Drug Addiction Statistics

When a family member or close friend suffers from the disease of addiction, it can be difficult to see the overall effects of the abuse and addiction on the entire family or social circle.

In some circumstances, we find excuses and patterns of behavior to justify certain activities, even going so far as to live under a delusional cloud.

We don’t believe that the worst will happen to us or to our family member.  The fact of the matter is that the statistics are clear when it comes to drug abuse and addiction.  If a member of our family is suffering from addiction, the worst can happen to them and getting treatment is incredibly important in order to beat the odds.

Hospital Emergency Room Visits

The Substance Abuse and Mental Health Services Administration and the U.S. Department of Health and Human Services keep track of drug-related emergency room visits each year.  In 2009, there were over 4.5 million visits related to drug use. Half of these visits were related to non-abuse events, such as allergic reactions. The other half, an estimated 2.1 million visits, related directly to the abuse of drugs.  Over 27 percent of the visits involved the using drugs in a nonmedical manner (taking prescriptions or over-the-counter drugs for a purpose other than intended), 21.2% of the patients had abused illicit drugs (such as heroin or cocaine) and 14.3% combined alcohol with the drugs taken.

Other figures of note in 2009 include:
  • A 98.4 percent increase in the number of visits involving the nonmedical use of prescription drugs – such as Xanax, Vicodin and OxyContin – over a five-year period.
  • 3.7 million individuals over the age of 21 years were seen in emergency departments for drug related issues; approximately 1.85 million of these individuals had abused the drugs for which they were being treated.
  • 877,802 individuals aged 20 years or younger were treated in the ER for drug-related complications, and approximately 438,000 of these teenagers had abused drugs

Drug Abuse Among Teens

Every year since 1975, the Monitoring the Future Survey looks at the trends for drug abuse among our nation’s teens.  The survey is conducted among 8th graders, 10th graders and high school seniors, and asks them about drug use and abuse over the course of their lifetime, as well as the 12 months and one month immediately preceding the survey.  Most recently, they discovered that cigarette smoking has shown marked improvement in all grade levels.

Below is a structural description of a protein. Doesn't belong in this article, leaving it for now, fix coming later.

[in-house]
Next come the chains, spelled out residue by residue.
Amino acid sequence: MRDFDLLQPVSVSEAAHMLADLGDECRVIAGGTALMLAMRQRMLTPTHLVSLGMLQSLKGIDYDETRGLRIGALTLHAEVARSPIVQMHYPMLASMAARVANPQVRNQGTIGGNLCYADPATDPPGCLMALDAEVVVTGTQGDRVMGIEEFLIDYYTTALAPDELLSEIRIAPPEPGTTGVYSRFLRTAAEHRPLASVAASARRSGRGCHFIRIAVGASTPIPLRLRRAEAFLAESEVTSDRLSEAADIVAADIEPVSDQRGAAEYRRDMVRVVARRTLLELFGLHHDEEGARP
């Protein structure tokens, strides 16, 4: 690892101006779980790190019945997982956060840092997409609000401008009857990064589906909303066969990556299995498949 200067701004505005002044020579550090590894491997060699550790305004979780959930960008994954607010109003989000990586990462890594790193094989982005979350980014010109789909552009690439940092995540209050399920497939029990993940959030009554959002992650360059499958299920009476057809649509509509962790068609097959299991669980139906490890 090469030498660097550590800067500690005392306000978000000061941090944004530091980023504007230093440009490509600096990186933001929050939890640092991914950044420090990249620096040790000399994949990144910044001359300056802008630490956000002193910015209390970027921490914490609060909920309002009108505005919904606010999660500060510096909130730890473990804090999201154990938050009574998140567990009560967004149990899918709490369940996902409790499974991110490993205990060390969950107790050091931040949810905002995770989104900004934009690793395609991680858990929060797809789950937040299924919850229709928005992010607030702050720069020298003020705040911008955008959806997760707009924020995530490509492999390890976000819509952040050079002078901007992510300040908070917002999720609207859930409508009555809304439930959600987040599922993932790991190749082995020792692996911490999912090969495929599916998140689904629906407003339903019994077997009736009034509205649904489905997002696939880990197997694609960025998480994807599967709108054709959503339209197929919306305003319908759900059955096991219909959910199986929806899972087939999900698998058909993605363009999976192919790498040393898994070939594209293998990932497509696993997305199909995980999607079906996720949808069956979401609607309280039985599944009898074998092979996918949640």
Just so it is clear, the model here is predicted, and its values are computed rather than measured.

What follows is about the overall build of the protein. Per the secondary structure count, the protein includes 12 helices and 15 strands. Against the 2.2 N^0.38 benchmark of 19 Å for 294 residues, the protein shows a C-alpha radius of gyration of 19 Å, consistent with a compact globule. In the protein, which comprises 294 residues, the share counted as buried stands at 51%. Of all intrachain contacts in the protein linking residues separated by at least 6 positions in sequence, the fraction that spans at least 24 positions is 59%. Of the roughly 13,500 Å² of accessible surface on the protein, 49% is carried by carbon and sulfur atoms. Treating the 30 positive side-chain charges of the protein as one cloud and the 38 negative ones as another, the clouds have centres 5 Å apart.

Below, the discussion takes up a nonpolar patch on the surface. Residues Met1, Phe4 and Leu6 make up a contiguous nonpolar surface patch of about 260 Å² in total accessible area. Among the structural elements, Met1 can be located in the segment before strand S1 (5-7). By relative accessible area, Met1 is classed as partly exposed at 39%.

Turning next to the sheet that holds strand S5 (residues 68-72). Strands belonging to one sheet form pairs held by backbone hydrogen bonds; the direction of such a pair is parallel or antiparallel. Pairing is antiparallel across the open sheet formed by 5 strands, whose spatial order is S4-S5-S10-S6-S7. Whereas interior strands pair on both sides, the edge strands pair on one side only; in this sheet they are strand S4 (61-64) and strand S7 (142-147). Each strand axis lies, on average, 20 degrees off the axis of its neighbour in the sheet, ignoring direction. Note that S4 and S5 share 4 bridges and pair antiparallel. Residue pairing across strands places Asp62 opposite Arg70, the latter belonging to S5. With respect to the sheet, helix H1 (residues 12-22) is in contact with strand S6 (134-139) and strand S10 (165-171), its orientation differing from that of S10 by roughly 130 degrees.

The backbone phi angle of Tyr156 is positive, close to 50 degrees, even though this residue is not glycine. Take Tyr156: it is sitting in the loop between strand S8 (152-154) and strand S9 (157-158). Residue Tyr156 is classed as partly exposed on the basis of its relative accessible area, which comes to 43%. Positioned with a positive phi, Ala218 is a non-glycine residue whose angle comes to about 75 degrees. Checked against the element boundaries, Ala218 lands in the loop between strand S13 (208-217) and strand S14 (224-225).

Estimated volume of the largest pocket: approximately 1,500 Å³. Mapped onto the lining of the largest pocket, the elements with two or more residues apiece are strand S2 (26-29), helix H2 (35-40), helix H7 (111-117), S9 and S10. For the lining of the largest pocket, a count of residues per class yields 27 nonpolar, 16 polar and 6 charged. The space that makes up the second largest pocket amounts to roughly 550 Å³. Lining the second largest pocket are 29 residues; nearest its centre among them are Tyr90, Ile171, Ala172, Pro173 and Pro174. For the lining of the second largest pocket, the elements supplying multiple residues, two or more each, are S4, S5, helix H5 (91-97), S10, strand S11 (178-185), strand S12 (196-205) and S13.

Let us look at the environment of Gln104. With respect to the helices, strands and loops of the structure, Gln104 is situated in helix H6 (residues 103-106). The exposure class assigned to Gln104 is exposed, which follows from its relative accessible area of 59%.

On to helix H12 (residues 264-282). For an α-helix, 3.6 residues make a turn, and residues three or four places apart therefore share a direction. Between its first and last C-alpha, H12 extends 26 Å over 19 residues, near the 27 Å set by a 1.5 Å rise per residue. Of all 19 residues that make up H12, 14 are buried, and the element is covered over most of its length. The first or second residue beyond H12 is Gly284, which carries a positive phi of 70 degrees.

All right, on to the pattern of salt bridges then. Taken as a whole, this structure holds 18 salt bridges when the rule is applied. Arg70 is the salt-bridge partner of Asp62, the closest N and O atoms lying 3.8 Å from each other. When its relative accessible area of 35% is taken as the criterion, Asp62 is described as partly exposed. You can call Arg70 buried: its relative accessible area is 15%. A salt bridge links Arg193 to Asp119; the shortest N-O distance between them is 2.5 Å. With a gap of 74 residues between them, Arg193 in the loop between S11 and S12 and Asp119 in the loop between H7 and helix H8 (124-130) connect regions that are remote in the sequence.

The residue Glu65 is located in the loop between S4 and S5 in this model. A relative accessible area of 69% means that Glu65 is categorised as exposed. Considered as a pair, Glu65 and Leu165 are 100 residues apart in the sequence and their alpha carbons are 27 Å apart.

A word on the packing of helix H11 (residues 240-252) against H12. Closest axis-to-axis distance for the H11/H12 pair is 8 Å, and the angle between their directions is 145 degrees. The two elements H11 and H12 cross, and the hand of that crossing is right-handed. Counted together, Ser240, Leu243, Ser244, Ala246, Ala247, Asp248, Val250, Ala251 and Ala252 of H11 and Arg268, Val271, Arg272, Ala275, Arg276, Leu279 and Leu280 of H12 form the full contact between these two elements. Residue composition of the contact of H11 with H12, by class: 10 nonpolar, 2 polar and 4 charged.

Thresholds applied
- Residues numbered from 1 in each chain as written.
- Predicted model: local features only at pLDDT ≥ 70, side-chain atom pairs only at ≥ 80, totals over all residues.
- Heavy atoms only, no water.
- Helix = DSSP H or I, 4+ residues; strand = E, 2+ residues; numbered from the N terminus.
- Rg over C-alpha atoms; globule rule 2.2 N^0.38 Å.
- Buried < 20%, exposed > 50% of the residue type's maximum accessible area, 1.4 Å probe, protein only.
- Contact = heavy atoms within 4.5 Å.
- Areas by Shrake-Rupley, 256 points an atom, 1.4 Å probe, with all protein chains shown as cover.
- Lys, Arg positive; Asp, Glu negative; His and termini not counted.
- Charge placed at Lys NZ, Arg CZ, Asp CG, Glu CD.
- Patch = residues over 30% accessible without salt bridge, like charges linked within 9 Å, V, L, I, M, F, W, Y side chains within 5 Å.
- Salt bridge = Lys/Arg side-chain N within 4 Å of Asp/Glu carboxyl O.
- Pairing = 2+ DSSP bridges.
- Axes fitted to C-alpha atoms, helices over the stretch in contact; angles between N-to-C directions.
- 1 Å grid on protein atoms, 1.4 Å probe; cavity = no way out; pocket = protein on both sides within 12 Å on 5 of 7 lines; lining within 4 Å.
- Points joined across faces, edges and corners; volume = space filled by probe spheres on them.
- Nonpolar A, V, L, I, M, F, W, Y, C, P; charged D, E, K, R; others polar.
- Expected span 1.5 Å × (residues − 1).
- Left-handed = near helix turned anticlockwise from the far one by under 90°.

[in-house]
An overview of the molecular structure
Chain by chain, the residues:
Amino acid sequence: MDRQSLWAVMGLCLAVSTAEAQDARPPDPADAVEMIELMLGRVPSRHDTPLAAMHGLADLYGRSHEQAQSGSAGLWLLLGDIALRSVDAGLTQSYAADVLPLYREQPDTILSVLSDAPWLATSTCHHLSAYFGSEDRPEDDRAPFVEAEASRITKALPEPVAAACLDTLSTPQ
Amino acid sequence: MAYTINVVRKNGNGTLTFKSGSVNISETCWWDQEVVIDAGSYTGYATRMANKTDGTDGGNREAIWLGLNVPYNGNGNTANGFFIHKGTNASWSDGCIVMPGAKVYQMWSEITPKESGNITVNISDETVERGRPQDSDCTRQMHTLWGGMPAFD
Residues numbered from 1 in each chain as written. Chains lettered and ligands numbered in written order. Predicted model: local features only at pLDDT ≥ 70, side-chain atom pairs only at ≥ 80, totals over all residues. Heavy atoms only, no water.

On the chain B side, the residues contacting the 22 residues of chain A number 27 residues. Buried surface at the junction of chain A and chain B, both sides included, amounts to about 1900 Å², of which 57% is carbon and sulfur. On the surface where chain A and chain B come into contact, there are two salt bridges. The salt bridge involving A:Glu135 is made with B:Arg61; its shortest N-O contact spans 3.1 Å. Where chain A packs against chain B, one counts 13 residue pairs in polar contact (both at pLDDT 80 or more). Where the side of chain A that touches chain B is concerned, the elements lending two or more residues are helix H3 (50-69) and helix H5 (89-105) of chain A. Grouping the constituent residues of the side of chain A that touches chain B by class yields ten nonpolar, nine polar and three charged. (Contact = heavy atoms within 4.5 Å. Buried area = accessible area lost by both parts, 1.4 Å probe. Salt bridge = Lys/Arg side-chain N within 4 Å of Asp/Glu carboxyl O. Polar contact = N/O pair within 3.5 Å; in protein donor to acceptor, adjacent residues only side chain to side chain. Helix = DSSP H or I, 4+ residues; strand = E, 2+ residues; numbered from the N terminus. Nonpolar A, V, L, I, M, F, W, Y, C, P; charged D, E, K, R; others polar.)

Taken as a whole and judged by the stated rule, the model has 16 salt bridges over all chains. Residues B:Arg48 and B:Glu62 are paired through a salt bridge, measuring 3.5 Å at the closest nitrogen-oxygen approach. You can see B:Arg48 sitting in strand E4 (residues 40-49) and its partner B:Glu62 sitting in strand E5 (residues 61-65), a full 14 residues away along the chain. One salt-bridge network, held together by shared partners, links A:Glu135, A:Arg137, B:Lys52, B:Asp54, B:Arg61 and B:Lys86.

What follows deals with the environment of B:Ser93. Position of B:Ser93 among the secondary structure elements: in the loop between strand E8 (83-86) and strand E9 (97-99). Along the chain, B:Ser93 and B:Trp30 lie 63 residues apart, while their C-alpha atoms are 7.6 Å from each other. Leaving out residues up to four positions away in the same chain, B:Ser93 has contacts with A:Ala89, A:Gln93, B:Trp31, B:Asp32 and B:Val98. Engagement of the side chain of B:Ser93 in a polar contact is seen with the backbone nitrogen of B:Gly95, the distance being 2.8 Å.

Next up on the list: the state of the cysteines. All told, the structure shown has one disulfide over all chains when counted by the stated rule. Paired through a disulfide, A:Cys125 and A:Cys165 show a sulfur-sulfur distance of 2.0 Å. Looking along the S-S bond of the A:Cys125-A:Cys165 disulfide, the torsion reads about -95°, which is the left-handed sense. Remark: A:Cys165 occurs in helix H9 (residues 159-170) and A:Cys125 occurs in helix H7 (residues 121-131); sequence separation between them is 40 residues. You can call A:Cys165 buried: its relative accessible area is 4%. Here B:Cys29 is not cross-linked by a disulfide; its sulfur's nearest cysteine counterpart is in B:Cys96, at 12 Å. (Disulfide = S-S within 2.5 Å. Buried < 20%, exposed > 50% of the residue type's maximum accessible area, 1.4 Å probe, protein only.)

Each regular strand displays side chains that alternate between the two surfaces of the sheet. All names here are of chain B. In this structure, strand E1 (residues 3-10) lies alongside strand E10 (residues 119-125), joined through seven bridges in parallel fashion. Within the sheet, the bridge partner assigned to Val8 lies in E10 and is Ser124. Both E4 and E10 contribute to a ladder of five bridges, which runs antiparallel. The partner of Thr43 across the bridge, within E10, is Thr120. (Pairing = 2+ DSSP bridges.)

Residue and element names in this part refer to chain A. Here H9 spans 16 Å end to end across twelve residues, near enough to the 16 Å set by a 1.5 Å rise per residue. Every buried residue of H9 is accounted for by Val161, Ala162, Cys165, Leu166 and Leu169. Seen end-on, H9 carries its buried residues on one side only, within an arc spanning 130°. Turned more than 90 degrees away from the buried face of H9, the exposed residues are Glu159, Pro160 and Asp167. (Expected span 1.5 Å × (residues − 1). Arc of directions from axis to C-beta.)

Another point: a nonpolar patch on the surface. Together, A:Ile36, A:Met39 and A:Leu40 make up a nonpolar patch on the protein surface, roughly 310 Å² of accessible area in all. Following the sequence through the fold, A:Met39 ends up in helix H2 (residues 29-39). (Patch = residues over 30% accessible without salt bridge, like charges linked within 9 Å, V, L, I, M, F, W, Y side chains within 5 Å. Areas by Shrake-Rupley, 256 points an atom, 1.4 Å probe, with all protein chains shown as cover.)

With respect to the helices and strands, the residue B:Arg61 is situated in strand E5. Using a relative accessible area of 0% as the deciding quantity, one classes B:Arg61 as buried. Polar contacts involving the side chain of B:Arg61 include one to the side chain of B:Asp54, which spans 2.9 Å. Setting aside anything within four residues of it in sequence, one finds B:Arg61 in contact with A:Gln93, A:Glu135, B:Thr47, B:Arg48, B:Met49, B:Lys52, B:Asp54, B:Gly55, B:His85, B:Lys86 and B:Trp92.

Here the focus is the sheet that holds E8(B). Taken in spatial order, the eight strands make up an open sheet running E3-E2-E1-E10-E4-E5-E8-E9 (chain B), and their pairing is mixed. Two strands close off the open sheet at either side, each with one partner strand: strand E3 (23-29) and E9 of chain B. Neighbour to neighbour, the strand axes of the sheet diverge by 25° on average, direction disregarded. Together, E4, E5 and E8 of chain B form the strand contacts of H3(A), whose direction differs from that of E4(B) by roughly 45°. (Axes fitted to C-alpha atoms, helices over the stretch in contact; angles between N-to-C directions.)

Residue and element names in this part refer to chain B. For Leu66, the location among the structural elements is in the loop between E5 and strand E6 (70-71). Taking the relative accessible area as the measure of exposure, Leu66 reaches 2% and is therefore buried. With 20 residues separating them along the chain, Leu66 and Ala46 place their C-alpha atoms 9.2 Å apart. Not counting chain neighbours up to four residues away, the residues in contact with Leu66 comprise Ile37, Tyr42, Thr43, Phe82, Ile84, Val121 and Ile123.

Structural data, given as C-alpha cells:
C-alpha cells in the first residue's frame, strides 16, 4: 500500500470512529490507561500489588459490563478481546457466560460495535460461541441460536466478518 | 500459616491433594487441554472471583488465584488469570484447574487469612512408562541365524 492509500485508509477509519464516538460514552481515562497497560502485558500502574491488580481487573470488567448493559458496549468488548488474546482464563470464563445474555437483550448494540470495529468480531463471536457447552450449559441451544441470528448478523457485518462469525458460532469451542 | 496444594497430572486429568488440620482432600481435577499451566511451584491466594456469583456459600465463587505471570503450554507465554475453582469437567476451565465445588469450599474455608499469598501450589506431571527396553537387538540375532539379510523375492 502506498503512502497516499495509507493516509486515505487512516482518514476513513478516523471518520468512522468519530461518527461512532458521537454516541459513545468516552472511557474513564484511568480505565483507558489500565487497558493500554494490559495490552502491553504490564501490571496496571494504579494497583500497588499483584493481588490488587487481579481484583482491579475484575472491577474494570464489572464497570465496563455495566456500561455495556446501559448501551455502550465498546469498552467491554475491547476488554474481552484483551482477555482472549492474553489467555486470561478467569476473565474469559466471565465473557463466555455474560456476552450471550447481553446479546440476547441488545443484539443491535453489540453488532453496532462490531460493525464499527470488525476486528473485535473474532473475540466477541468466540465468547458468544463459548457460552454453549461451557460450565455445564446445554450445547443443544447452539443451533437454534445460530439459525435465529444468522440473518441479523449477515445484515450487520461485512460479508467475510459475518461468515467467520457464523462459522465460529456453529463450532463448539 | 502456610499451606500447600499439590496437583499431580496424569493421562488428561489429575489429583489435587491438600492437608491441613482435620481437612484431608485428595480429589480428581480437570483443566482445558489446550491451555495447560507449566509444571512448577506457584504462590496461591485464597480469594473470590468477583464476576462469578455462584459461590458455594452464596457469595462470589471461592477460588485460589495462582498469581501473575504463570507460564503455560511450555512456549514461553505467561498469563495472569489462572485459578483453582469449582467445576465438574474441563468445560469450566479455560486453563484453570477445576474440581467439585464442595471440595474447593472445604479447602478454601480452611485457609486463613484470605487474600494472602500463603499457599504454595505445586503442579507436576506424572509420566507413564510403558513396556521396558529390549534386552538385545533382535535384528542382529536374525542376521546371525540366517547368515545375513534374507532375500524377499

Unfortunately, the survey does not have all good news for 2011.  According to the National Institute on Drug Abuse, there are two distinct areas of concern for our nation’s youth.  The first concerns marijuana use and a close second, prescription drug abuse.

According to the study, while marijuana use showed declines in previous years, more recently the numbers have increased.  For instance:

  • 12.5 percent of 8th graders indicated they abused marijuana in the year prior to the survey
  • 18.8 percent of 10th graders indicated they abused marijuana in the year prior to the survey
  • 36.4 percent of high school senior indicated marijuana abuse in the year prior to the survey
  • All grades indicated that students today do not consider marijuana use as having harmful effects
  • More than 10 percent of school-aged youth have used “spice” (synthetic marijuana) in the year prior to the survey

After marijuana abuse, the concern rests on prescription and over-the-counter medication abuse.  Specifically, the abuse of OxyContin, a highly addictive form of hydrocodone, is unchanged from the previous five years.  Approximately 8.2 percent of high school seniors have admitted to abusing stimulants in the year prior to the survey.  As recently as 2009, this number was only 6.6 percent.

Interventions Can Help Addicts

There are many clichés that society often calls upon when dealing with an individual suffering from addiction.  An addiction disease can sometimes cause family and friends to throw their hands in the air, crying, “They have to hit rock bottom before they will get help.”  But what is rock bottom?  For many addicts, rock bottom is the point at which they choose to get help. Something happens in their life that makes them want to get better so they will seek treatment for their disease. An intervention can be that “something that happens.”

Statistically, interventions for those who have been incarcerated have proven successful in several areas.  Those addicts who did not choose to go to rehab but were encouraged or even forced to as a part of their sentence have shown:

  • Fewer instances of relapse
  • Less mental illness
  • Increased ability to function normally in society
  • Improved overall health and well-being
  • Improved relationships

These individuals may not have wanted to participate in a recovery program, and might not have had circumstances been different.  Ultimately, however, if the individual chooses to enter a treatment center because they are shown the benefits, no matter how they come to the final conclusion, they have a much greater chance to avoid relapse and improve their life.